As for photoshop, I can't quite agree with you from a pros perspective. It's hard to use it to make a 2-page spread look not-digital if it's a 4MP camera. Also can't sharpen a really bad image, can't change depth of field, etc.

cgc
Jul 22, 2003, 11:03 PM
People say that they can do so much in Photoshop but who really has the time to alter every image? Having different types of films and knowing how to use them can save tons of time over Photoshopping images. If I do need to fix an image, I can scan it in and Photoshop it, but it is not something I would enjoy doing on a regular basis.

MattG
Jul 22, 2003, 11:12 PM
$3500 for a 4mp camera is insane, 8fps or no 8fps. For $3500 they should have at least thrown a better chip in there.

Nikon, figures.

acj
Jul 22, 2003, 11:32 PM
Originally posted by MattG
$3500 for a 4mp camera is insane, 8fps or no 8fps. For $3500 they should have at least thrown a better chip in there.

Nikon, figures.

It beats the competition in features and price. Some need 8 FPS, along with the weather sealing, large buffer, vast assortment of lenses, and killer autofocus. Some of the potential customers would pay it off with 2 assignments.

acj
Jul 22, 2003, 11:35 PM
Originally posted by cgc
People say that they can do so much in Photoshop but who really has the time to alter every image? Having different types of films and knowing how to use them can save tons of time over Photoshopping images. If I do need to fix an image, I can scan it in and Photoshop it, but it is not something I would enjoy doing on a regular basis.

Well, I do. We strive to make every image as close to perfect as possible, and it pays off.

Compare the quality of our stuff at alaskaphotographics.com with our competitor, alaskastock.com. Many of their images are dark because they don't touch them up. They bulk scan with film. Sometimes you can't even tell what the picture is of.

LethalWolfe
Jul 22, 2003, 11:42 PM
Originally posted by MattG
$3500 for a 4mp camera is insane, 8fps or no 8fps. For $3500 they should have at least thrown a better chip in there.

Nikon, figures.

Judgeing a camera soley by it's pixel count is like judgeing a computer soley on it's clock speed.


Lethal

Bear
Jul 23, 2003, 07:45 AM
Originally posted by MattG
$3500 for a 4mp camera is insane, 8fps or no 8fps. For $3500 they should have at least thrown a better chip in there.

Nikon, figures.
Define better?

It is a better chip in a lot of ways. It just doesn't have the resolution you are looking for. Wait for the D2X then.

The D2H was meant for photo journalists and sports photography. The D2X (when announced) should be what you are looking for. And at a price significantly lower than the Canon 1Ds.

cgc
Jul 23, 2003, 10:59 AM
Originally posted by acj
Well, I do. We strive to make every image as close to perfect as possible, and it pays off.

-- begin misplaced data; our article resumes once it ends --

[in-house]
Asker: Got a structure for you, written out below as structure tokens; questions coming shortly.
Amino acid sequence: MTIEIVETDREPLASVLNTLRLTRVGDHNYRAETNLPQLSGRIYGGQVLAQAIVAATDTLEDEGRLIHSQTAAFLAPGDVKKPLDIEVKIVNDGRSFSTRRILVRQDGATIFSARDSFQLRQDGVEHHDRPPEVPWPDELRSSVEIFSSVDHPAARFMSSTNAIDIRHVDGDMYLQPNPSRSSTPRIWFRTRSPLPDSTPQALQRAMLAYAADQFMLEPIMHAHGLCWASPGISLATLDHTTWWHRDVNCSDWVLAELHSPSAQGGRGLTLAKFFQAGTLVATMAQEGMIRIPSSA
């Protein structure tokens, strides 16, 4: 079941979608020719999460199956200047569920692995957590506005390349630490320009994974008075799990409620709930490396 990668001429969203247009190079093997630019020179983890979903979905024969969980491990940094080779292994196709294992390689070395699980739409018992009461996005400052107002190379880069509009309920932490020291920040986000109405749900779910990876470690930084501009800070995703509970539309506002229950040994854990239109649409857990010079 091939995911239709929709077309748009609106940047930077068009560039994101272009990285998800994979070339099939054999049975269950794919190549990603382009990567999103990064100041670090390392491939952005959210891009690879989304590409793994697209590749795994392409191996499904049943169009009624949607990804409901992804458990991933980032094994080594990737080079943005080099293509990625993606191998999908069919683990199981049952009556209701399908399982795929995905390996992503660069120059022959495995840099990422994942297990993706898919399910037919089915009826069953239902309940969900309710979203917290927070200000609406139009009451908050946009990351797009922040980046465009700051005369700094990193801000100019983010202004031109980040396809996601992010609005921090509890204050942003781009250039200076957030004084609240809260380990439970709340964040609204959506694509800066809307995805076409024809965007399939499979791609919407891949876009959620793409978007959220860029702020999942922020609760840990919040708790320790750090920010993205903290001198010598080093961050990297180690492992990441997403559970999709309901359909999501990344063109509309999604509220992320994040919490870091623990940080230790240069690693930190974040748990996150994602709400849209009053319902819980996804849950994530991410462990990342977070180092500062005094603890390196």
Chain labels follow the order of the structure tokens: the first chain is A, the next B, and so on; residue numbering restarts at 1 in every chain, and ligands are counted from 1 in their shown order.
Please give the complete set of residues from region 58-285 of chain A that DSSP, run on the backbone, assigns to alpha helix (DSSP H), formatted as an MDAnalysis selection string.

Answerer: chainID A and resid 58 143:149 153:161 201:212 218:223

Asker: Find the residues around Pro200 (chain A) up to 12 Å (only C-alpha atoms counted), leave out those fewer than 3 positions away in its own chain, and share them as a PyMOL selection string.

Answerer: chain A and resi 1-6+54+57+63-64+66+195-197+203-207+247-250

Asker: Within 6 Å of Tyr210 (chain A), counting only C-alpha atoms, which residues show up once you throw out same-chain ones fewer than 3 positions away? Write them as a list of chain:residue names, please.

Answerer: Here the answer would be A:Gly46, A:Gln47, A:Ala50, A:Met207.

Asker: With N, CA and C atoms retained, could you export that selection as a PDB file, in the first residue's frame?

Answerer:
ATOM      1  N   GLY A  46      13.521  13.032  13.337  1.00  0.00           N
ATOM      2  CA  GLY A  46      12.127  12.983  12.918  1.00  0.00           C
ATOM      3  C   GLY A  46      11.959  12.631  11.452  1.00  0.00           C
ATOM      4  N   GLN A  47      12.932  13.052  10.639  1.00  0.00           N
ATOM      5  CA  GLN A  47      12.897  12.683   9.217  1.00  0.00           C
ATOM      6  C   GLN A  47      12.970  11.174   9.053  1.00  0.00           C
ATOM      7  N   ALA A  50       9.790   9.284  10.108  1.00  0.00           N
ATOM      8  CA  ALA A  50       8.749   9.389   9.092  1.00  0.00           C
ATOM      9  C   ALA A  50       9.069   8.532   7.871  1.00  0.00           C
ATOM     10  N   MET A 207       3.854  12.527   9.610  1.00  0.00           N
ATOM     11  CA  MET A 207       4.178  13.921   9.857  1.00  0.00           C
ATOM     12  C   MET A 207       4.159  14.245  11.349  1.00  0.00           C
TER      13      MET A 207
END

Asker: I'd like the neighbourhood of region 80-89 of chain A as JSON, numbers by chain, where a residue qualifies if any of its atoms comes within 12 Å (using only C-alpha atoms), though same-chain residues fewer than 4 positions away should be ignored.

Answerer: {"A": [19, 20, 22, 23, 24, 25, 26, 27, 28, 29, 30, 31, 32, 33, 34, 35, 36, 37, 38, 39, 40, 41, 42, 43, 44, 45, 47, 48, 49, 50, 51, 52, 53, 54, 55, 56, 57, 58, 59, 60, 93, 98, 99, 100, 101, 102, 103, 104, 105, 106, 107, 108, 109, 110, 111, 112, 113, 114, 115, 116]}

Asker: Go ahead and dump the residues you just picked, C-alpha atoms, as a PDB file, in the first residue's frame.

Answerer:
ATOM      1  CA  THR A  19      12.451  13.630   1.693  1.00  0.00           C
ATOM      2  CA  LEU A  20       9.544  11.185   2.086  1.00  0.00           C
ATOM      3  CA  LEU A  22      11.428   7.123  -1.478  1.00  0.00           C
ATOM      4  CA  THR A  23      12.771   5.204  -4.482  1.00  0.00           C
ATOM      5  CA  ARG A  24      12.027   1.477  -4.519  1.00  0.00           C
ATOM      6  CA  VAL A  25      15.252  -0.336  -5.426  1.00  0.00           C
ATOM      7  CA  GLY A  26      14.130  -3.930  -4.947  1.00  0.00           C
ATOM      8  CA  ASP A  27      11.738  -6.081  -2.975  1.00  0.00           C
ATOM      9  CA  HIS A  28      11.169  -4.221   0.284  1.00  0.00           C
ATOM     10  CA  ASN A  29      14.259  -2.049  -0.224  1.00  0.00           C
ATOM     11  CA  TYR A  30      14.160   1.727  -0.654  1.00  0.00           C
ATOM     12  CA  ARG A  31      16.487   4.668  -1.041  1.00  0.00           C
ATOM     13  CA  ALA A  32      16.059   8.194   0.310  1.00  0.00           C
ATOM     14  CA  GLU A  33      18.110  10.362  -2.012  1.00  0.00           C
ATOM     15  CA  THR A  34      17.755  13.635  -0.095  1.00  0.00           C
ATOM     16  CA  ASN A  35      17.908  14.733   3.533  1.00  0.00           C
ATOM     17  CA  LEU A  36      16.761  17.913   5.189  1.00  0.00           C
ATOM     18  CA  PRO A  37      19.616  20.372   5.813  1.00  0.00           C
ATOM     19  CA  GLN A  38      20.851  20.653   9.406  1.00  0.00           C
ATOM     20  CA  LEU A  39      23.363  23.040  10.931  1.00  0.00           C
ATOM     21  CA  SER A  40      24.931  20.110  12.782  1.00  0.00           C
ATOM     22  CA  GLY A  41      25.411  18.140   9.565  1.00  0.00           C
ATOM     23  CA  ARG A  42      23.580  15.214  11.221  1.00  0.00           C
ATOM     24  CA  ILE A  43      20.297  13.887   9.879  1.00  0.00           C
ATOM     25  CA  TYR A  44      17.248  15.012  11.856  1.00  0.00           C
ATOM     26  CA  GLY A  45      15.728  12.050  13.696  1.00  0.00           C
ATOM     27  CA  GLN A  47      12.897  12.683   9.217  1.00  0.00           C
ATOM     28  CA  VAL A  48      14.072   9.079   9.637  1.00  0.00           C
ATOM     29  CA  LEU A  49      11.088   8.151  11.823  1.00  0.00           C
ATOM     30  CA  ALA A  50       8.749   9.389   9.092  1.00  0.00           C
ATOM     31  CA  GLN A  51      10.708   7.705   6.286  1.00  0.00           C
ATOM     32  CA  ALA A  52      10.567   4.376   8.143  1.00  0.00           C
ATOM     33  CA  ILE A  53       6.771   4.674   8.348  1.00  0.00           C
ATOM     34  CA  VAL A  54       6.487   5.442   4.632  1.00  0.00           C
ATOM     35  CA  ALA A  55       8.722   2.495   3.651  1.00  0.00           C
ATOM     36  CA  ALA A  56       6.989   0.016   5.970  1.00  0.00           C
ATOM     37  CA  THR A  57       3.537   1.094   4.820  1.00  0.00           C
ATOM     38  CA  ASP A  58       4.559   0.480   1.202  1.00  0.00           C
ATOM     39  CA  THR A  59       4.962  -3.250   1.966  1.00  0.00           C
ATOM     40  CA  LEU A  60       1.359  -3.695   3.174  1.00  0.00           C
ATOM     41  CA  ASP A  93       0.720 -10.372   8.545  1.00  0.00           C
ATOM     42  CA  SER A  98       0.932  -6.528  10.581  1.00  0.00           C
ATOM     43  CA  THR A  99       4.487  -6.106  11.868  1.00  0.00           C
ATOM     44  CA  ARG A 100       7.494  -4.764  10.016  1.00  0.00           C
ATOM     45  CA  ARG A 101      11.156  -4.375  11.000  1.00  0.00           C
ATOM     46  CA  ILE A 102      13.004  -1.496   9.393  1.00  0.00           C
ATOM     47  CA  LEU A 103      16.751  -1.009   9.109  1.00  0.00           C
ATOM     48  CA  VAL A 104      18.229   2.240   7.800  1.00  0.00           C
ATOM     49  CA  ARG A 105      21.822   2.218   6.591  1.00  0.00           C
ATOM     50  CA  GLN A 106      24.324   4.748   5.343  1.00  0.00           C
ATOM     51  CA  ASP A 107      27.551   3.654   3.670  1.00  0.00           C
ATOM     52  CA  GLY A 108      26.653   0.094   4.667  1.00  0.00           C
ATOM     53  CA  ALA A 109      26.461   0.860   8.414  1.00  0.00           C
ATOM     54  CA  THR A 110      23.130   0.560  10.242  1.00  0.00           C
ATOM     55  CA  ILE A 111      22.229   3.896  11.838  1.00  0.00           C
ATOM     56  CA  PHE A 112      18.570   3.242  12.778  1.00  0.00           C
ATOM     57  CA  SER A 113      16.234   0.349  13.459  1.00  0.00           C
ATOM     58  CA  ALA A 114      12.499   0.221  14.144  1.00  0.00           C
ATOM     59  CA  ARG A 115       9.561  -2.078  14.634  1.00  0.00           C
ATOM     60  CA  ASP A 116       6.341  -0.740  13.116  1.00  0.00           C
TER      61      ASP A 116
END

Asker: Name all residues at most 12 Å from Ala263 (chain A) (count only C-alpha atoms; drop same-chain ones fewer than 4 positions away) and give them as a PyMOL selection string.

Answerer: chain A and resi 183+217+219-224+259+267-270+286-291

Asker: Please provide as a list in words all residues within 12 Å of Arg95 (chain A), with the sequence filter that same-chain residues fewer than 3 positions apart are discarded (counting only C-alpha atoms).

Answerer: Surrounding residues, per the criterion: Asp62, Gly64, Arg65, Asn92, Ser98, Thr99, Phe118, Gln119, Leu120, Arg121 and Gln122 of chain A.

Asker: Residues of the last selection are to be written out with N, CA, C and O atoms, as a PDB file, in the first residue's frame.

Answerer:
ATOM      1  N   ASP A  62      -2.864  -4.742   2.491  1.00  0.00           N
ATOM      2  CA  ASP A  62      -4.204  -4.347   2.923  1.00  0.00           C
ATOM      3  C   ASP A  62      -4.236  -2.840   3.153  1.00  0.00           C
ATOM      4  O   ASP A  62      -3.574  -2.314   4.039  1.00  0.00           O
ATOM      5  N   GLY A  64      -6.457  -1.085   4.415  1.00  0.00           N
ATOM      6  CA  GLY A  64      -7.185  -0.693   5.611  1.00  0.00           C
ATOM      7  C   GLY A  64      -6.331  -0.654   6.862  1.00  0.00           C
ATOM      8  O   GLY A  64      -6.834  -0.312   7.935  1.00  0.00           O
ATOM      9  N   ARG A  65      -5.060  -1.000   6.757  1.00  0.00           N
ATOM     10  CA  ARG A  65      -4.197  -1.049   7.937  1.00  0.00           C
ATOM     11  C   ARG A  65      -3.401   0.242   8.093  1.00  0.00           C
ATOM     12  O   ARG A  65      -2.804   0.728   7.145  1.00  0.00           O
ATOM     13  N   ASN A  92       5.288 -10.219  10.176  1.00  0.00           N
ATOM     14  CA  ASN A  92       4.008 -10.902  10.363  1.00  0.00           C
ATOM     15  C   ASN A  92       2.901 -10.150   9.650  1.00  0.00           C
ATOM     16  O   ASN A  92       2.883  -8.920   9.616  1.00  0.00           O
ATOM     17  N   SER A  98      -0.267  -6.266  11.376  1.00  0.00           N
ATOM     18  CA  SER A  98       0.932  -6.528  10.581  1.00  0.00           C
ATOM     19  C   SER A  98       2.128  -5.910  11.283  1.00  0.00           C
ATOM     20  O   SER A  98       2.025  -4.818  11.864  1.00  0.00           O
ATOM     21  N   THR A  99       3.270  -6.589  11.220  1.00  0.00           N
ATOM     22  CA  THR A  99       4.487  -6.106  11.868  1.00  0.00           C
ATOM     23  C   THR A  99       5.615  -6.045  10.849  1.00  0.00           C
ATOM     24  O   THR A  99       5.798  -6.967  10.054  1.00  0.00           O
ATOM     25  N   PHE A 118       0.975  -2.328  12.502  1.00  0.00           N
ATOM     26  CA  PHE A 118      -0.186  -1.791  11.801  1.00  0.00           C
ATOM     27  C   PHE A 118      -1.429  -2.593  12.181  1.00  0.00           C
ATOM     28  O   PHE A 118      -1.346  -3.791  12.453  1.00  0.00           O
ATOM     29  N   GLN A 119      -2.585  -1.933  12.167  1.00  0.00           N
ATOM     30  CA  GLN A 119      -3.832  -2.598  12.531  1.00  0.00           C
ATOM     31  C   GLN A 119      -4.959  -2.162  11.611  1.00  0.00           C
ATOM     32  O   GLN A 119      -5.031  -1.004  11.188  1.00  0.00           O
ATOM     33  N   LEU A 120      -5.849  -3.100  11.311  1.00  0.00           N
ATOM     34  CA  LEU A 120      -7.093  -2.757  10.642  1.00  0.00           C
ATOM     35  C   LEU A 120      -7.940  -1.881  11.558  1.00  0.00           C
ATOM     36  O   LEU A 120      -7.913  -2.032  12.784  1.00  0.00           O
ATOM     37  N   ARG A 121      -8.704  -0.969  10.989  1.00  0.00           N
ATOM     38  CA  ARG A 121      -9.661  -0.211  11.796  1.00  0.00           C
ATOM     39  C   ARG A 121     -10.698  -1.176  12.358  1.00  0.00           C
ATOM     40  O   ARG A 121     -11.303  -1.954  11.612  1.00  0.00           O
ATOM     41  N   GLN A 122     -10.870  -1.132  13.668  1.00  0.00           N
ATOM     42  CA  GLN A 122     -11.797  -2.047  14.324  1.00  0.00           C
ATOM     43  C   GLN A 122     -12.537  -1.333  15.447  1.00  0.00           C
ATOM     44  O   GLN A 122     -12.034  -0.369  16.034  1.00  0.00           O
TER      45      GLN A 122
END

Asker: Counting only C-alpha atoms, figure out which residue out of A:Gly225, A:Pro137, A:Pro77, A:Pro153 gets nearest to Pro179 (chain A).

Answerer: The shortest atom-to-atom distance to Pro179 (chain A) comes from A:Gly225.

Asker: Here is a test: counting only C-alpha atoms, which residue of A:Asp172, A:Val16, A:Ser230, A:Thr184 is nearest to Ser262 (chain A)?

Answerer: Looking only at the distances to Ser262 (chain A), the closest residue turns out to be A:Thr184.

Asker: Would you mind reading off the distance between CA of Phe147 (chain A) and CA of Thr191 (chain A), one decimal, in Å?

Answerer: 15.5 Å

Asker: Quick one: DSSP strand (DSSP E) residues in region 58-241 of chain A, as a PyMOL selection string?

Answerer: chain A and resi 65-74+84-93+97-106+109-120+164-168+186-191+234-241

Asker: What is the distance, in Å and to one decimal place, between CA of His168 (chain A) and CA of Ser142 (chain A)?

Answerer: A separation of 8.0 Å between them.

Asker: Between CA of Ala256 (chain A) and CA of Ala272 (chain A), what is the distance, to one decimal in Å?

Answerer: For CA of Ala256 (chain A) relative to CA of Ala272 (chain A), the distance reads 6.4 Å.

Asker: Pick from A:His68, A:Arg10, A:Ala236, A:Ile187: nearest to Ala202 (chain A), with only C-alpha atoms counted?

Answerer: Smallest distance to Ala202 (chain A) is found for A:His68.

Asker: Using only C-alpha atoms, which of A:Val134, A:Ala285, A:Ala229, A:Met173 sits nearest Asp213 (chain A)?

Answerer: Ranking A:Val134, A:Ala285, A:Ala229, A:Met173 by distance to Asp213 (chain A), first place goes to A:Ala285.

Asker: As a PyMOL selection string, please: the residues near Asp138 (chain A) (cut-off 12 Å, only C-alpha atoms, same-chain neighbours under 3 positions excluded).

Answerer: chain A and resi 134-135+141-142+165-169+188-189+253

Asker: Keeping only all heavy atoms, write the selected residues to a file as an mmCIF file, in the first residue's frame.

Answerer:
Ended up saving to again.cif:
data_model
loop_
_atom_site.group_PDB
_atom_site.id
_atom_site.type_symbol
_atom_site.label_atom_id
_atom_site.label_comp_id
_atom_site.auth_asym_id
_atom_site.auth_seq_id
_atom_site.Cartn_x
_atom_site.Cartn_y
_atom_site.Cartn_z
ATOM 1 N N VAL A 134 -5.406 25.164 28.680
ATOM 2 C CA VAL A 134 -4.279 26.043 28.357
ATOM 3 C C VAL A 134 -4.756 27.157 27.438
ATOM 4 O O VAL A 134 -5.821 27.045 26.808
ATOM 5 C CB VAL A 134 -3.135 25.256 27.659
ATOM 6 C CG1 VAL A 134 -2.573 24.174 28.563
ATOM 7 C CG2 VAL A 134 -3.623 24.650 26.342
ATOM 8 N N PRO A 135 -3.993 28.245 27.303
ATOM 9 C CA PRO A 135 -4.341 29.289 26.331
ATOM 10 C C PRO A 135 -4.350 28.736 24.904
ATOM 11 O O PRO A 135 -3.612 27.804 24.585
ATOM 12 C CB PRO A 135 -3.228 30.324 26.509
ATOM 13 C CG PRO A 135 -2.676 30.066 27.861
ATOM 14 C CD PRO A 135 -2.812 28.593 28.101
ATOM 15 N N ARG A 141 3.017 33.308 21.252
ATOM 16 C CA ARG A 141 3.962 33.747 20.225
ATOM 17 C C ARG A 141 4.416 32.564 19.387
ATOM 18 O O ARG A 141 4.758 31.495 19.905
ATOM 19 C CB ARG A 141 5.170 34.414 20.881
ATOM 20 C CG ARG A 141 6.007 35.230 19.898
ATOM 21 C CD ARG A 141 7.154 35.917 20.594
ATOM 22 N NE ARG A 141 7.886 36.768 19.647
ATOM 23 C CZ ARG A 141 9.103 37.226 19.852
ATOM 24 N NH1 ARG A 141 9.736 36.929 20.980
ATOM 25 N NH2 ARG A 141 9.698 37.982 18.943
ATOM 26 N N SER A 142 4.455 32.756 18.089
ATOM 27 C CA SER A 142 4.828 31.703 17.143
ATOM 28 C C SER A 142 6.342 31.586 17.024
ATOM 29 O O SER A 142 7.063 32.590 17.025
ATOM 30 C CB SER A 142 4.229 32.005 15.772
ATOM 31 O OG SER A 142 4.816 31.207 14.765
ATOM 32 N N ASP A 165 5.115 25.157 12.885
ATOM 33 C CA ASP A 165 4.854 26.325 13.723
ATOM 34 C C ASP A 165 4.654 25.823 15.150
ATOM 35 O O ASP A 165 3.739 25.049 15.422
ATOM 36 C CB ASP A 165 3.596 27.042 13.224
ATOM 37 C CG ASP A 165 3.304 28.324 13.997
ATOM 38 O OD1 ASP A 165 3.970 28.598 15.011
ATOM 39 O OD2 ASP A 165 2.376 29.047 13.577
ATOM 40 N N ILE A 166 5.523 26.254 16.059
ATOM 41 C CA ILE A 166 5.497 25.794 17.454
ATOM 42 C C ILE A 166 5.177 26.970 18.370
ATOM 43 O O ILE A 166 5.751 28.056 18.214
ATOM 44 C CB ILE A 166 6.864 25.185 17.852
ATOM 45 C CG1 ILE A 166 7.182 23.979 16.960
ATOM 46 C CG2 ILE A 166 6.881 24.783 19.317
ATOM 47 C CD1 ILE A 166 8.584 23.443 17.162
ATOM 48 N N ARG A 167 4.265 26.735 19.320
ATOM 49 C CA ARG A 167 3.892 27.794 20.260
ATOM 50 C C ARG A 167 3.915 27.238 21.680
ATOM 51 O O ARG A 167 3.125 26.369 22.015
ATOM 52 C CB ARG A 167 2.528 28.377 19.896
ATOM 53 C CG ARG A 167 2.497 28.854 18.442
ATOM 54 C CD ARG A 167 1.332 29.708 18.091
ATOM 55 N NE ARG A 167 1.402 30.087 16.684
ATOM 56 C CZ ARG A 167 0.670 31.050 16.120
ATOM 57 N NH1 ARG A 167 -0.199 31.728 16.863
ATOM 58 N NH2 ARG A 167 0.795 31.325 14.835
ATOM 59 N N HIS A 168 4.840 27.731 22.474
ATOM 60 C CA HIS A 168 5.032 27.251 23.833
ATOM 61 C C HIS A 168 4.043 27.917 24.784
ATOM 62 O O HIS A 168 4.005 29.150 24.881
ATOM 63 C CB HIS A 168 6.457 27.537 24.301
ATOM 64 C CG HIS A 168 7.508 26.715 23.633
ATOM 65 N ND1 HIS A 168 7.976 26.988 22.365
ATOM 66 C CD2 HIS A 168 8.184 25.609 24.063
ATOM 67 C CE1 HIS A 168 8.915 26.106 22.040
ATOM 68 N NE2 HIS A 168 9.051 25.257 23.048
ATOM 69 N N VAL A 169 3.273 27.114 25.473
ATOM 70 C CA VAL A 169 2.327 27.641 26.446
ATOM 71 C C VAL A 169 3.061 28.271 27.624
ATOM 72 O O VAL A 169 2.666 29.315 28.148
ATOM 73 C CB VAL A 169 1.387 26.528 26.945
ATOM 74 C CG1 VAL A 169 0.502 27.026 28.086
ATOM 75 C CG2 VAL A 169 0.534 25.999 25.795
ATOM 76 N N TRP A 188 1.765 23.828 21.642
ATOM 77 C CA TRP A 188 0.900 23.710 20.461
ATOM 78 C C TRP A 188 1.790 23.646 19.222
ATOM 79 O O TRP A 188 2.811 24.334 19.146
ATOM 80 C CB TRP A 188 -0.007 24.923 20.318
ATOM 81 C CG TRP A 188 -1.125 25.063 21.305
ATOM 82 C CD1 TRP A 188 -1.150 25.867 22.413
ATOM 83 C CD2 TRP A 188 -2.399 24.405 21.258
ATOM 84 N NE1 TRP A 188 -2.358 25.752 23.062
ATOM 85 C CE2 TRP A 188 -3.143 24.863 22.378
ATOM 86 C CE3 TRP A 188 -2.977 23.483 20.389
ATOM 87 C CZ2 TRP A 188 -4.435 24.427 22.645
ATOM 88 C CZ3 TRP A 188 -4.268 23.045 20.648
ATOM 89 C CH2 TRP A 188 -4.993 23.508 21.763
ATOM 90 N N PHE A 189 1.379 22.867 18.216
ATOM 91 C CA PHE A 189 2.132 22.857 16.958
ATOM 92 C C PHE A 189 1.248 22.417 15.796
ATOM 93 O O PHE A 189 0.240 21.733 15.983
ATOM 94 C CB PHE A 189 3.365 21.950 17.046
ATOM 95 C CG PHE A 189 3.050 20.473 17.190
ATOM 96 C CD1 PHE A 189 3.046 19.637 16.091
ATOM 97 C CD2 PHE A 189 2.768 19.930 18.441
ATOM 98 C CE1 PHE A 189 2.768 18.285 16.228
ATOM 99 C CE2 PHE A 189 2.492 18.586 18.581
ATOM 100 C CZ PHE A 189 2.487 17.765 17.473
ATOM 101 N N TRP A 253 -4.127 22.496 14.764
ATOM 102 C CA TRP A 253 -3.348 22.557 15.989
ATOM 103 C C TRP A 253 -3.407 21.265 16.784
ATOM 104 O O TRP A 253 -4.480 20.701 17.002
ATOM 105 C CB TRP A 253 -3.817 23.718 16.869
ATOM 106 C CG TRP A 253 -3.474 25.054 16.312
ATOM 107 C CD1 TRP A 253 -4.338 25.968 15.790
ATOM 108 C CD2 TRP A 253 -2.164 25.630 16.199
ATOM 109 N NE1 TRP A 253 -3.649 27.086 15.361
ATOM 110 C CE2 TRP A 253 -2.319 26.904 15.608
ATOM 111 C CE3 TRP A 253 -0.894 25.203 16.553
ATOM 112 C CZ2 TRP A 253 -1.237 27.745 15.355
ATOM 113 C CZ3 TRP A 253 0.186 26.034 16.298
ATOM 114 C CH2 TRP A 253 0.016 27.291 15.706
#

Compare the quality of our stuff at alaskaphotographics.com with our competitor, alaskastock.com. Many of their images are dark because they don't touch them up. They bulk scan with film. Sometimes you can't even tell what the picture is of.

I still believe that a good photographer should not have to touch up many pictures. Granted, I have to touch up a few of mine because I am merely an amateur, but for professionals (and this expensive camera is geared towards pros) time is money and fixing lots of pictures costs too much.

I'll check your site out when I get home.

acj
Jul 23, 2003, 01:20 PM
Originally posted by cgc
I still believe that a good photographer should not have to touch up many pictures. Granted, I have to touch up a few of mine because I am merely an amateur, but for professionals (and this expensive camera is geared towards pros) time is money and fixing lots of pictures costs too much.

I'll check your site out when I get home.

I have learned that quite the opposite is true. The extra time pays off. When we sell our own photo instead of our comptetitor and stock agency, we get 100%, not 40% or 0% if they sell someone elses photo.

Consider a search for "bears" on alaskastock vs. our site. Side by side, our pictures pop out more even though they have a greater selection.

Their pictures will require work by someone before they our published, ours may not.

Also consider that National Geographic has never published a single photo without doing some work. They never change the content, but they do plenty of dodging, burning, contrast conrol, sharpening, lightening, darkening, etc.

With some work, digital images have the latitude to do something that chromes never could always do: Show the scene as it looked.

Considering the time it takes to take the photo, edit down to the best few, tranfer to the computer, post it to the site, caption it, a little photoshop work is not that big of a deal.

Lastly, yes, perfect photos should not need touching up, but consider that Point and shoot digital cameras use a compressed (and often regected by publishers) sRGB color space for snapier colors, they make adjustments after the photo is taken, and they sharpen the images. This often produces a great final product, but when the automatic settings mess up, they cannot be undone like the pro cameras with a real color space and 12 bits of raw data per color.

Lanbrown
Jul 23, 2003, 02:25 PM
What about that Nikon abandoned Firewire on this camera?

Moxiemike
Jul 23, 2003, 02:29 PM
Originally posted by Lanbrown
What about that Nikon abandoned Firewire on this camera?

USb 2.0/..... hate to say, if Macs had USB 2.0 (and i know they do now....) then there's no reason for firewire on a 4mp cam. files will be quick enough over USB. :)

AngryAngel
Jul 23, 2003, 03:02 PM